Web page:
Perhaps the book will provide stronger arguments, but there is too little in the article to conclude that the geopolitical configuration of this century will be a Big Three and the second world. US primacy in the coming decades is by no means guaranteed, but it is still harder to prove that any other country can match or overtake the US. Moreover the US will be the only power that is unchallenged in its own geographical sphere. Neither Brazil and certainly not Hugo Chavez’s Venezuela fit the bill of a serious geopolitical challenger. Not so, for the EU and China. The EU faces Russia, and possibly the Arab world, in its own geography. China faces Japan, India and Russia in Asia. In this reading, it is the US that could play a “swing” role in influencing the outcomes of these regional competitions.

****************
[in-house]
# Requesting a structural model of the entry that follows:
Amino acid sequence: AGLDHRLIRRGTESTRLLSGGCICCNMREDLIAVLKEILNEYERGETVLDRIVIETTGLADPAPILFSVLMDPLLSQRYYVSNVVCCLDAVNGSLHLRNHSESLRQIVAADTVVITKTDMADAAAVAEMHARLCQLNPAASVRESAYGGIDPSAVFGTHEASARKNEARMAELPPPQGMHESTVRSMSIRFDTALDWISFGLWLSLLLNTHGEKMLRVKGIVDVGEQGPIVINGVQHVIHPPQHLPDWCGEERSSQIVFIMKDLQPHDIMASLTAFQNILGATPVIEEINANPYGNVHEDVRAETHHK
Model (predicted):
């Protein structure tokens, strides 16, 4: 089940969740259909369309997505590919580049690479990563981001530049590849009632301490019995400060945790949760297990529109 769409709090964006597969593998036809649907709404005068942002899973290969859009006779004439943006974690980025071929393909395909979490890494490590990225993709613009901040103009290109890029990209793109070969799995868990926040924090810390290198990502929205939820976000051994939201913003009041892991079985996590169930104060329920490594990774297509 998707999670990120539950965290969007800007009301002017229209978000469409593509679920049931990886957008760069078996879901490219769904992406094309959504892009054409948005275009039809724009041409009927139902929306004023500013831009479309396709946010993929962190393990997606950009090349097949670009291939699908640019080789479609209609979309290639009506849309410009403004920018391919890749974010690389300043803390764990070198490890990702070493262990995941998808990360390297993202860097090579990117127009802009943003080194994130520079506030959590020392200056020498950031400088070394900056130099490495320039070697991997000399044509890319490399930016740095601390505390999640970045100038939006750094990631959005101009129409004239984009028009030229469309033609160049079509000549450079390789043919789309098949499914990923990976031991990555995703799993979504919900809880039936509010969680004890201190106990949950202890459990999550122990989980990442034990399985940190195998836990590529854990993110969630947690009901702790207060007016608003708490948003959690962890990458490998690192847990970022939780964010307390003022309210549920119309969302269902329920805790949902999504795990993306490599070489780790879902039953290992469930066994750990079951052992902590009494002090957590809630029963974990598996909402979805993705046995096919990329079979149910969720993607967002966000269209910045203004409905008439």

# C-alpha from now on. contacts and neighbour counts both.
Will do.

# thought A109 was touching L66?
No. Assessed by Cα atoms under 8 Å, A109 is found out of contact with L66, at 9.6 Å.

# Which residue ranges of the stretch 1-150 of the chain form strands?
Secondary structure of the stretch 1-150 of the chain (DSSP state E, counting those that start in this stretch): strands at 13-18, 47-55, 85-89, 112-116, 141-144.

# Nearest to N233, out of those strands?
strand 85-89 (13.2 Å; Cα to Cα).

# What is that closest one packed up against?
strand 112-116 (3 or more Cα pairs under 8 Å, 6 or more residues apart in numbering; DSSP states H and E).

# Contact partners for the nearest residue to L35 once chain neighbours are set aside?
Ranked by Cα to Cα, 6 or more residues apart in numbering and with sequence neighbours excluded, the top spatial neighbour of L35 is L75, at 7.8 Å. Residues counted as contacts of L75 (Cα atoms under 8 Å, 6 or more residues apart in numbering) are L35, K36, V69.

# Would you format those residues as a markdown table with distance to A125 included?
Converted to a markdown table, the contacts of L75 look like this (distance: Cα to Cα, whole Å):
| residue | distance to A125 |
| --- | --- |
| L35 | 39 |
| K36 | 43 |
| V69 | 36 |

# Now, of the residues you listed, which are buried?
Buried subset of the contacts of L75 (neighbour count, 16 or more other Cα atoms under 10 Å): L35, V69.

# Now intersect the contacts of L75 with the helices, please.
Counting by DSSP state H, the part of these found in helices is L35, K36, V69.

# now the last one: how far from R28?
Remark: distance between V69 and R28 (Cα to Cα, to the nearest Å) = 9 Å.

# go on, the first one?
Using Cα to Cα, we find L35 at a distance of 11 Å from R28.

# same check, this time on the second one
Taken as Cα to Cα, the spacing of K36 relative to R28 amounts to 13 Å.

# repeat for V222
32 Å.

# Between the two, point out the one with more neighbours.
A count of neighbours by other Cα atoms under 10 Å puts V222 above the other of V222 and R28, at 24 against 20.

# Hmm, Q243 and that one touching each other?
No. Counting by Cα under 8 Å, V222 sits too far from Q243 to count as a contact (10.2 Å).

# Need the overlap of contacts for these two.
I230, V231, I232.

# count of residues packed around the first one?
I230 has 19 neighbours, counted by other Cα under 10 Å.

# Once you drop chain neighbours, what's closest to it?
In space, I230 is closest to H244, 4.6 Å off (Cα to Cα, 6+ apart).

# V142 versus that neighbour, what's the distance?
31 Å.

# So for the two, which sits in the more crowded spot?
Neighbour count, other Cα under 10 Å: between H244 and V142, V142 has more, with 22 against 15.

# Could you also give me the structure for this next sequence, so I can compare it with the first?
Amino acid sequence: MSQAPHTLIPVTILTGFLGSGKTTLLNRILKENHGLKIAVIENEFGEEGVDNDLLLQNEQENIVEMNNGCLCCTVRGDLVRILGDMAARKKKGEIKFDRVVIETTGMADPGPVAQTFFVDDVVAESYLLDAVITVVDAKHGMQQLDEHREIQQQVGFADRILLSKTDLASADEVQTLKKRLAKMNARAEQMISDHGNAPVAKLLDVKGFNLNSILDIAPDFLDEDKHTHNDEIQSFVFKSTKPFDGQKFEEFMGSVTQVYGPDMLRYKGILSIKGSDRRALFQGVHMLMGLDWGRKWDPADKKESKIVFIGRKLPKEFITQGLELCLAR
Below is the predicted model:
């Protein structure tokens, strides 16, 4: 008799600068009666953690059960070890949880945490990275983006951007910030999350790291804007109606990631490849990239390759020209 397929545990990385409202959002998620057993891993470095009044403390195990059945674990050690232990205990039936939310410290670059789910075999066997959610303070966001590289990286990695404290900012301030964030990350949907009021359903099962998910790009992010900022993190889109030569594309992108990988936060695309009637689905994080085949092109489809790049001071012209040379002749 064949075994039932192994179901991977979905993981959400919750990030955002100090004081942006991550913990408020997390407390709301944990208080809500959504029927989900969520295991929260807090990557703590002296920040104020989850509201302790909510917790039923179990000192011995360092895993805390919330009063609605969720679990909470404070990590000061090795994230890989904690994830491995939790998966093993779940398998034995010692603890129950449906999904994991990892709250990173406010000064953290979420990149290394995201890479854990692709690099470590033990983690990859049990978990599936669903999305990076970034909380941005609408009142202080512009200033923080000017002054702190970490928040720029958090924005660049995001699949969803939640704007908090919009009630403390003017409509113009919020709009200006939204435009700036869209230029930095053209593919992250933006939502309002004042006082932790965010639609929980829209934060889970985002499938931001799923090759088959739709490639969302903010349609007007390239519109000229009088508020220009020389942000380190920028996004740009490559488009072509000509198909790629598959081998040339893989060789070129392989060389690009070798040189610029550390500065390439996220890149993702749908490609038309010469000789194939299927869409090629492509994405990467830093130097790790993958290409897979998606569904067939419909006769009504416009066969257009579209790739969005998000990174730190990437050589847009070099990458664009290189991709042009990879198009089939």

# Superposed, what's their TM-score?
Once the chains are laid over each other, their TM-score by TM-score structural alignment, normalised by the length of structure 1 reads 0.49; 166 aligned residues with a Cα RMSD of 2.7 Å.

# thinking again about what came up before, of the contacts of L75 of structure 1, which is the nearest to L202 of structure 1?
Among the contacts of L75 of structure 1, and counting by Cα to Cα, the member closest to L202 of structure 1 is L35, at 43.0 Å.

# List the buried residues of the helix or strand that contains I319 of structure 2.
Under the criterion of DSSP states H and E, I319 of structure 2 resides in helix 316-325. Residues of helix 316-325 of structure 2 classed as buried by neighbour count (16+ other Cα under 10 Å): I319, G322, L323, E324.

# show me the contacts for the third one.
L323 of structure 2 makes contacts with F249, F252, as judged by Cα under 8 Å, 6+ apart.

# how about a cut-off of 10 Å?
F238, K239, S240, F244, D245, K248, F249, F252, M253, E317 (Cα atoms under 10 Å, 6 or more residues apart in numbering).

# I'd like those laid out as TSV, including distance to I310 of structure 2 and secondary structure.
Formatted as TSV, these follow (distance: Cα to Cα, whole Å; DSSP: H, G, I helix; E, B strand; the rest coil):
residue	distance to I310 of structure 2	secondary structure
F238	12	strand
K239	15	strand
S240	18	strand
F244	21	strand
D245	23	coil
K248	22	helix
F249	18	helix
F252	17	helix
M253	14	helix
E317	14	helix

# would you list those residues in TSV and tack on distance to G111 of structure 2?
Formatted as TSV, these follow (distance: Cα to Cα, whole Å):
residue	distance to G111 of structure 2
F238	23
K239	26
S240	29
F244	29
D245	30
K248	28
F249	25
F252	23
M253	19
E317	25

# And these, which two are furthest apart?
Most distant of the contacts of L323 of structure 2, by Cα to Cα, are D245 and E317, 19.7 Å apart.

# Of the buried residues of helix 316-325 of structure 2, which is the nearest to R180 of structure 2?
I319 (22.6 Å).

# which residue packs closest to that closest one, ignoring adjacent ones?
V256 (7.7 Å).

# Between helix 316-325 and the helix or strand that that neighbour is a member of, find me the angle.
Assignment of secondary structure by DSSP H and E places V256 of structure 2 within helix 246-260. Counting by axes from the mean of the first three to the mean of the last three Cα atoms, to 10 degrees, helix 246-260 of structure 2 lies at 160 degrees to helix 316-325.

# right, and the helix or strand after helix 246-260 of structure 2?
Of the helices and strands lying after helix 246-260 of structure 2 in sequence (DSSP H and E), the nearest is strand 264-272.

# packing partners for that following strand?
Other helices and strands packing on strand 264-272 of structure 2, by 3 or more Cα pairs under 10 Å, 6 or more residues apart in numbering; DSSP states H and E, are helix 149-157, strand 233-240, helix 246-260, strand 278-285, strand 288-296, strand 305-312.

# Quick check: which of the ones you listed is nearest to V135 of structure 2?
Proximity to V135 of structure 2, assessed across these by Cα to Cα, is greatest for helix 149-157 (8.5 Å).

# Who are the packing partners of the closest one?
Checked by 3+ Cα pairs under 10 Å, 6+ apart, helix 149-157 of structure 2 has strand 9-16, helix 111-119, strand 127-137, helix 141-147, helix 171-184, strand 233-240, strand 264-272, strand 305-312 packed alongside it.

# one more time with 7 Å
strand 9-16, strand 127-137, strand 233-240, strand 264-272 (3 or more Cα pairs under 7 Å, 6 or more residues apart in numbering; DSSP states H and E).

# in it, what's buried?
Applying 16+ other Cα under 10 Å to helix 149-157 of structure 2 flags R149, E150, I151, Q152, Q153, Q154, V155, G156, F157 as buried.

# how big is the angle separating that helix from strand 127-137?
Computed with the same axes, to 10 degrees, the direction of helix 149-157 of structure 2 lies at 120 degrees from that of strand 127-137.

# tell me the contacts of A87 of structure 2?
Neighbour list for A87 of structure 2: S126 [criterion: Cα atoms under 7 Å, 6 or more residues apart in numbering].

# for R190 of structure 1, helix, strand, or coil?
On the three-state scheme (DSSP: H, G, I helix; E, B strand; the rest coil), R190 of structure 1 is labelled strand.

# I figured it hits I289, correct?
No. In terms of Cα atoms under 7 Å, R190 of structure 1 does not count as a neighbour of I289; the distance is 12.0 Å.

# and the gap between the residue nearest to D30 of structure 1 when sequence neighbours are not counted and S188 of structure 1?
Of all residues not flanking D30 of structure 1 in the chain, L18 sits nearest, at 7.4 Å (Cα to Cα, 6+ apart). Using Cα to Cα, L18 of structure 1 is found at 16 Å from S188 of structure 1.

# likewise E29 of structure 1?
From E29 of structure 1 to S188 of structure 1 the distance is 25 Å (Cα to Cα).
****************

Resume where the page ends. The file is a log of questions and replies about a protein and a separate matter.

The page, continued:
Mr Khanna’s goal is to compel the United States to transform its foreign policy institutions and behaviour, which may explain why he has deliberately cast his thesis in this manner. It would be nice if it rankles strategists and policymakers in India as well.

Related Posts: By Daniel Nexon at the Duck of Minerva, by Hari at Thirty letters in my name, and by Ethan Zuckerman in My heart’s in Accra. [30 Jan] And Dan Drezner weighs in too.

On territorial compromises with China

It’s not at all trivial

It’s a seductive argument. That the longstanding border dispute between India and China is trivial. Aksai Chin, which China controls and India claims is not even habitable. Portions of Arunachal Pradesh, which China claims are both populated and economically useful. Surely, then, it makes sense for India to agree to a border settlement that swaps Aksai Chin for Arunachal Pradesh. It is the political difficulty of selling the compromise to the emotional Indian people, Arvind Kala writes, that is preventing India from settling the dispute. [Related Post: McMahon’s line and Aksai Chin]